Sunday's parliamentary poll has bolstered the position of President Boris Yeltsin and of the Prime Minister, Vladimir Putin, Mr Yeltsin's preferred successor in the presidential elections next year. In the West, this is seen as, in some ways, good news. President Yeltsin's role in resisting the Communist coup eight years ago gave him substantial political credit in the West that has survived to this day.
In the intervening years, however, it has become clear that Mr Yeltsin and his allies are as much part of the problem as they are part of the solution. Waging wars always helps politicians to win unwinnable elections, even in stable democracies - as Baroness Thatcher discovered after the Falklands War in 1982. But the Chechnya factor is on a different scale from anything that helped Lady Thatcher back to power. The Russian forces have bombed and killed civilians in flagrant disregard of the most elementary standards, while telling astonishing lies. It is for this that they have been rewarded by the voters. The Communists (despite increasing their own share of the vote) have partly lost out to the pro-government forces because the government has behaved so badly. The liberal Yabloko ("Apple") coalition, led by the economist Grigory Yavlinsky, may yet have a role to play in the new parliamentary coalition. But it will not be a substantial player: it gained a mere 6 per cent of Sunday's vote.
The propaganda apparatus has gone into full swing in recent weeks, attacking the "traitors" (in other words, critics of the Chechnya campaign) on a daily basis. The election results demonstrate a simple truth. In the words of The Moscow Times: "Propaganda works." The official talk is of a "peaceful revolution". In reality, we are seeing a depressing status quo.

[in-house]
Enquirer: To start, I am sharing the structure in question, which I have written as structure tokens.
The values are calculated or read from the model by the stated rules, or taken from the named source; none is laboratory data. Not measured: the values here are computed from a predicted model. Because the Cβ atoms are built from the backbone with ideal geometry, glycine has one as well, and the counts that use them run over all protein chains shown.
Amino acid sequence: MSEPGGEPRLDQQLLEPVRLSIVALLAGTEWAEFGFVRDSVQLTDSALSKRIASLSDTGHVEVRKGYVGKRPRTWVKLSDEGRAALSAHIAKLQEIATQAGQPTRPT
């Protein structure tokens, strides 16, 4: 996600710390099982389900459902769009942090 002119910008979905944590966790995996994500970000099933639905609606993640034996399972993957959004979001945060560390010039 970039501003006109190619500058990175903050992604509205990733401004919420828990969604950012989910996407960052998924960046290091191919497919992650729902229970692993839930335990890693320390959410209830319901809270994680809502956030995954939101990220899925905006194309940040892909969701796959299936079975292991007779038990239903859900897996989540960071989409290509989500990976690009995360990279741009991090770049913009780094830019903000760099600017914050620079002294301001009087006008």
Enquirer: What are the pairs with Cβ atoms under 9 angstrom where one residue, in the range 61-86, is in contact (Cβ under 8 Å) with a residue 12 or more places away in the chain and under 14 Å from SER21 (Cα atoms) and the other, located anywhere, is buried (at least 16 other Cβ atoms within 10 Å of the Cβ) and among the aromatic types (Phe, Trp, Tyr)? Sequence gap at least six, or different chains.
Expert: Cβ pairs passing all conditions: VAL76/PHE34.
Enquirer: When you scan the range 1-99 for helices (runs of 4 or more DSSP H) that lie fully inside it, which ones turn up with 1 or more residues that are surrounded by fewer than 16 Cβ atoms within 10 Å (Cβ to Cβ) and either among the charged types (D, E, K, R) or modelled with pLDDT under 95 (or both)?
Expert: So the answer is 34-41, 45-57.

That situation cannot last indefinitely. Eventually propaganda will backfire. Wars are attractive to the voters when they seem to end in victory; less so when they end (as this one ultimately will) in humiliating defeat. The Russians will capture Grozny in the short term. Given the extent of their military capability, how could they not? In the medium and long term, however - that is a different matter. In due course, the Russian forces will find themselves pinned down, harried and destroyed by Chechen rebels, whose mass support has been so bolstered by the Kremlin's actions in recent weeks. The generals are publicly jubilant today. But the Russian conscript army has neither the stamina nor the morale to resist the highly motivated rebels in the longer term.
The truly lunatic politicians are no longer winners in the Russian system. The fascist Vladimir Zhirinovsky, one of the most popular men in Russia just a few years ago, won only 6 per cent. For such small mercies we should be truly grateful. For the moment, it is the cynics - including Mr Putin, a former KGB spy - who appear to have done best. If and when Russia loses Chechnya (again), the government and the generals will have to confront the weakness of their position. Eventually, they must deal with the sickness that they have helped to create.Reuse content